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Ruan Bekker
Ruan Bekker

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Why you should use Multi Stage Docker Builds

In this tutorial I will demonstrate how to build slim docker images using multistage docker builds, where you can save up to 800MB of disk space per image.

Originally posted on containers.fan

About

We will use multistage docker builds from a alpine image as our build image to get the dependencies, build the go binary and use our scratch image to place the built binary onto our target image to have small docker images.

Why does size matter

So let's assume you have a orchestrator such as ECS, Swarm or Kubernetes with 100 nodes behind a Auto Scaling Group, where your cluster node count is 10 when theres low traffic, and 100 nodes when theres lots of traffic.

As we scale out our service might scale from 10 replicas to 500 replicas and let's assume our container image is 800MB in size, when a new node joins a cluster the container image won't be in the cache so the docker daemon needs to download that image from the docker registry. So let's say 100 nodes join the cluster and our service scales to 100 replicas, it means that each node needs to download 800MB from the docker registry, that is about 80GB of incoming network throughput to the cluster.

So when we use multistage builds and in this case using Go, we can slim down our container image to less than 3MB, if we do the same calculation, that is just less than 300MB of throughput and if a fresh node joins a cluster and the container image is not present, it will take about a second or two to download and getting the container to run (depending on internet speed) and you obviously save disk space.

Go Application

We will use a library that generates random data from go-randomdata in our application, app.go:

package main

import (
    "fmt"
    "github.com/Pallinder/go-randomdata"
)

func main() {
    profile := randomdata.GenerateProfile(randomdata.Male | randomdata.Female | randomdata.RandomGender)
    fmt.Printf("The new profile's username is: %s and password (md5): %s\n", profile.Login.Username, profile.Login.Md5)
}
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Single Stage Docker Build

In this example we will use the golang image to get the dependencies and build the application in one image, our Dockerfile.single_stage:

FROM golang:latest as builder
RUN mkdir -p /go/src/github.com/ruanbekker
WORKDIR /go/src/github.com/ruanbekker
RUN useradd -u 10001 app
COPY . .
ENV GO111MODULE=auto
RUN go get
RUN CGO_ENABLED=0 GOOS=linux go build -a -installsuffix cgo -o main .
USER app
CMD ["/go/src/github.com/ruanbekker/main"]
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Building the image:

docker build -f Dockerfile.single_stage -t goapp:singlestage .
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Multi Stage Docker Build

Our multi stage consist of a build image where we will use the golang image to fetch our dependencies and build our application, then we use the scratch image as the target to copy the compiled binary to and run the container from the slim image, our Dockerfile.multi_stage:

FROM golang:latest as builder
RUN mkdir -p /go/src/github.com/ruanbekker
WORKDIR /go/src/github.com/ruanbekker
RUN useradd -u 10001 app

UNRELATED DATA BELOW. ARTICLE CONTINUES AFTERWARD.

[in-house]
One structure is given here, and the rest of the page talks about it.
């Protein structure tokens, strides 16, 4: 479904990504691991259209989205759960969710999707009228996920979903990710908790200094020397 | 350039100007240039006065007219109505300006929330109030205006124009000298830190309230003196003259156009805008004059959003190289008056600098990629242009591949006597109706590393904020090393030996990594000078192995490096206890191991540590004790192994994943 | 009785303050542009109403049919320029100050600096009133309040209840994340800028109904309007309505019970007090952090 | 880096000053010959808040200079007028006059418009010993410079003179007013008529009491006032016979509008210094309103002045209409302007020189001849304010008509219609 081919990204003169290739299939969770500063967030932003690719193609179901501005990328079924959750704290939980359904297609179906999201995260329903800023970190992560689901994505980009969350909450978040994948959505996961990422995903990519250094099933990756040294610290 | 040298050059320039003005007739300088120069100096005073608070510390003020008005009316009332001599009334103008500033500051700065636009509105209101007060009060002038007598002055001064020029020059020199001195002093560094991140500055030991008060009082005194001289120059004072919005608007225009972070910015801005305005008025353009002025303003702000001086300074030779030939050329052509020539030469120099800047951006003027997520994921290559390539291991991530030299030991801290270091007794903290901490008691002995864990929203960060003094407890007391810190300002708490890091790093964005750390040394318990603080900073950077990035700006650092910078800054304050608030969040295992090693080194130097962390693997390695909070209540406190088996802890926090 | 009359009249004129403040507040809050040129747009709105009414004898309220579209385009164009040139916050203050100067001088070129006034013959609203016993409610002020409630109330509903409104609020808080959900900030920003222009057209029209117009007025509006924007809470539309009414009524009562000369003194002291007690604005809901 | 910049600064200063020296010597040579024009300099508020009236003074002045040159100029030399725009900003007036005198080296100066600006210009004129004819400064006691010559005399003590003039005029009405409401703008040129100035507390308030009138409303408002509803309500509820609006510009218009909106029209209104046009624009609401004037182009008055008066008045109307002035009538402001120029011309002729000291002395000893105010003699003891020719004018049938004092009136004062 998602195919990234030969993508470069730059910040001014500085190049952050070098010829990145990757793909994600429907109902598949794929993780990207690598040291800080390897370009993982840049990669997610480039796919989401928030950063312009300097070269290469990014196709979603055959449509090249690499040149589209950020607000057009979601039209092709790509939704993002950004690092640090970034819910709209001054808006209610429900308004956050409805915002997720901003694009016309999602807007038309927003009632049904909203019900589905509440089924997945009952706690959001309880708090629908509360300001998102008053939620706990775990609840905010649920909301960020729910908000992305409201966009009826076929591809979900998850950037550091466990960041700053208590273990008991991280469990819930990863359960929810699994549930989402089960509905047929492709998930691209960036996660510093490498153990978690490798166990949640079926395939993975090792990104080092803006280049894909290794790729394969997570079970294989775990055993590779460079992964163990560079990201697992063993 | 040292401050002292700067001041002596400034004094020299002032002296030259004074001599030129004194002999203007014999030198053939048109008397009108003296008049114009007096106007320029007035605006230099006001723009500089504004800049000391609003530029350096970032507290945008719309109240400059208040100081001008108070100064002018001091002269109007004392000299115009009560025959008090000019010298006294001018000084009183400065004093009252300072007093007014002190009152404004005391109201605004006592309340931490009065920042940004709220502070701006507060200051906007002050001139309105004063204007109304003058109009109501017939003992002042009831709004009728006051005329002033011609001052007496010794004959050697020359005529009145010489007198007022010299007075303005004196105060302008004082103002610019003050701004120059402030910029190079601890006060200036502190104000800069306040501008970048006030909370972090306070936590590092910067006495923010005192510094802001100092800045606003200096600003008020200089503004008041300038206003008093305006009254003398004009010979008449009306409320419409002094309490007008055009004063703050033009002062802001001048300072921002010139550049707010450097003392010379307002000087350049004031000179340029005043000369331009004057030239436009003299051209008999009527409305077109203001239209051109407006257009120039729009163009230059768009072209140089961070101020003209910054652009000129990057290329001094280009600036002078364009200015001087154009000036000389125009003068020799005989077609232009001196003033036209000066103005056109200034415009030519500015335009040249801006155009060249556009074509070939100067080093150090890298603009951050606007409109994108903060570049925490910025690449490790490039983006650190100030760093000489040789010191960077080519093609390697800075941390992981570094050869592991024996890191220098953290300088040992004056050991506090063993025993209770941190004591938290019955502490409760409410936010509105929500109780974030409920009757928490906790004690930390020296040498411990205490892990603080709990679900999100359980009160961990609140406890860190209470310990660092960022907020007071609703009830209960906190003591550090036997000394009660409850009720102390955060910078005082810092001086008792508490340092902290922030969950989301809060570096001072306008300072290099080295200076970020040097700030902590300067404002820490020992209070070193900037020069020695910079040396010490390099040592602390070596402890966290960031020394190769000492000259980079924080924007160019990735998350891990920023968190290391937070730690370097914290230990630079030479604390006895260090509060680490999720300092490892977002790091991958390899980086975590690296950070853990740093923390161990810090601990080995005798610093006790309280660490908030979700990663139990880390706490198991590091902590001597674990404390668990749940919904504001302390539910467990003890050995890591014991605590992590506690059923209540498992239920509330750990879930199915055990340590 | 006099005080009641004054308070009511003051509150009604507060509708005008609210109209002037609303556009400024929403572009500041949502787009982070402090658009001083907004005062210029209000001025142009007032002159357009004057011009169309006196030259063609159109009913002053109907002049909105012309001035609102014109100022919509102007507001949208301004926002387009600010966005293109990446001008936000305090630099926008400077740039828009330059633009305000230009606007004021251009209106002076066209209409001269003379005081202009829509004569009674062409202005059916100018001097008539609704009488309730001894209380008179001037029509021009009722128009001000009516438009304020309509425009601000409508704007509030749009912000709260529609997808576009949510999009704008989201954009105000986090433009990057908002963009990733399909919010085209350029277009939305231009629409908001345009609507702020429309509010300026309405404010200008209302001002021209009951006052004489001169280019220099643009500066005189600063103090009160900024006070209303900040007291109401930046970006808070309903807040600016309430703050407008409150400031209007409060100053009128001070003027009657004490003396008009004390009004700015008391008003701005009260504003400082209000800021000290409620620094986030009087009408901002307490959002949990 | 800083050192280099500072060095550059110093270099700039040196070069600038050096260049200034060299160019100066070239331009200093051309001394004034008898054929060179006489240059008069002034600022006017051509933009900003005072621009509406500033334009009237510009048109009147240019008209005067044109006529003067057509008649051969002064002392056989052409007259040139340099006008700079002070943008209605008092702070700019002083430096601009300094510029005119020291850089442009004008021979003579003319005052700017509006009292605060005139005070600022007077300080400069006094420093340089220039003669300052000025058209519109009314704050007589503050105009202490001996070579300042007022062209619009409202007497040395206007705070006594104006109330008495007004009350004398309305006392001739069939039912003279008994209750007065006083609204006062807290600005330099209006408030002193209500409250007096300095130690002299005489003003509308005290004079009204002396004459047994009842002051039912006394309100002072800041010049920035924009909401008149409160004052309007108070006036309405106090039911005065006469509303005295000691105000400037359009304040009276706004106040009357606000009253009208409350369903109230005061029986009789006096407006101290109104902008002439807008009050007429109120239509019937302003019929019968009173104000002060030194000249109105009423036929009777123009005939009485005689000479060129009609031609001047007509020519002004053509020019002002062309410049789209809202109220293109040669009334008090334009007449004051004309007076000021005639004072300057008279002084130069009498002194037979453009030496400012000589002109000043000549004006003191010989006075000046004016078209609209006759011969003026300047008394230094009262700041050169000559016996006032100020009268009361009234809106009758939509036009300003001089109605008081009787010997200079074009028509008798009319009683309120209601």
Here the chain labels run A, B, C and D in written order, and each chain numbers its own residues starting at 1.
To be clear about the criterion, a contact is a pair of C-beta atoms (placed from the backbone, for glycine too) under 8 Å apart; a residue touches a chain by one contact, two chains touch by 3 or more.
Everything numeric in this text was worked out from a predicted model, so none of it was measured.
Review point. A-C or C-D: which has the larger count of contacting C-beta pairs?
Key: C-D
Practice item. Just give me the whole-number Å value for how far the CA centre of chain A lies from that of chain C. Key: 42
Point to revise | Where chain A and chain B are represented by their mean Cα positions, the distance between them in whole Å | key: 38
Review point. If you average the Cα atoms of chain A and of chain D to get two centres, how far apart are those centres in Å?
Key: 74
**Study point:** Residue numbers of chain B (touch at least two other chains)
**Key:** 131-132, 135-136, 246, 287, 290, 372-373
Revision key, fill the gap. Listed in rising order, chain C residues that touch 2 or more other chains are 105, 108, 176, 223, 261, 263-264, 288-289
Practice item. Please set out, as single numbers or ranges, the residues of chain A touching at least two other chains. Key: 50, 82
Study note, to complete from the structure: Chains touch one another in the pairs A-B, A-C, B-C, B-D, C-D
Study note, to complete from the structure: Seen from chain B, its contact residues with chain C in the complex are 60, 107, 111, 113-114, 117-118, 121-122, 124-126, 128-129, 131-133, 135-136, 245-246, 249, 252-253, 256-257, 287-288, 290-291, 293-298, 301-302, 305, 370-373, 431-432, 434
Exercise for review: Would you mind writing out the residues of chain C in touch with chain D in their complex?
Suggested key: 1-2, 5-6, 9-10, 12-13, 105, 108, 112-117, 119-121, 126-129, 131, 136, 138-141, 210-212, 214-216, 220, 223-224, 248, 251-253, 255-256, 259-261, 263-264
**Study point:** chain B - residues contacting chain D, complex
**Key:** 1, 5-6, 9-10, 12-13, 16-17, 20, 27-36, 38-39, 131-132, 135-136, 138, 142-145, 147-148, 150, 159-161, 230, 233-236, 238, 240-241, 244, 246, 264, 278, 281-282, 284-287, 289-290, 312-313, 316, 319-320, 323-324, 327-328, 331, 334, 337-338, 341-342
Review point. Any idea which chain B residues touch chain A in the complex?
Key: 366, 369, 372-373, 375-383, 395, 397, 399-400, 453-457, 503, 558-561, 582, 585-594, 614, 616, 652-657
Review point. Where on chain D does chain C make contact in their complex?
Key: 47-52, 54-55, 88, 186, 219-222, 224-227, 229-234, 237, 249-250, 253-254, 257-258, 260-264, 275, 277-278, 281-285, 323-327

COPY . .
ENV GO111MODULE=auto
RUN go get
RUN CGO_ENABLED=0 GOOS=linux go build -a -installsuffix cgo -o main .

FROM scratch
COPY --from=builder /go/src/github.com/ruanbekker/main /main
COPY --from=builder /etc/passwd /etc/passwd
USER app
CMD ["/main"]
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Building the image:

docker build -f Dockerfile.multi_stage -t goapp:multistage .
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Comparing the size differences

When we compare the size differences of our docker images between a normal build and a multi-stage build we can see a huge difference:

docker images | head -3
REPOSITORY                        TAG                 IMAGE ID            CREATED             SIZE
goapp                             singlestage         0d0c1f4c98a2        54 seconds ago      896MB
goapp                             multistage          d74ac27a39c8        2 hours ago         2.75MB
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And just to show that both containers run from the built docker images, our single build:

docker run -it goapp:singlestage
The new profile's username is: Maregrass and password (md5): 56da7705b7648a38f539b043e6a494be
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And our multi-stage build:

docker run -it goapp:multistage
The new profile's username is: Shirtplaid and password (md5): 7d8606ee86f2da3ed12c595ab617bf4e
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Thank You

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Discussion (1)

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nfrankel profile image
Nicolas Frankel
  1. Yes, you should do multi-stage builds.
  2. Yes, size does matter, but much less than what you'd think

Remember that Docker images are layered. It doesn't play a role when you start FROM scratch but people very rarely do create standalone binaries.

In general, they start from an platform, e.g., a Java Runtime Environment, the latest Node.js, etc. In that case, the platform takes the bulk of the image's size, i.e., the app itself is very small compared to the platform.

Now comes the important part: Docker doesn't cache images but layers. Hence, if your new dockerized app version uses the same parent layer, only your app layer is downloaded.

For that reason, it's much better to focus on your order layers than on size. By pointing readers to the wrong problem, they will probably come up with the wrong solution (squash).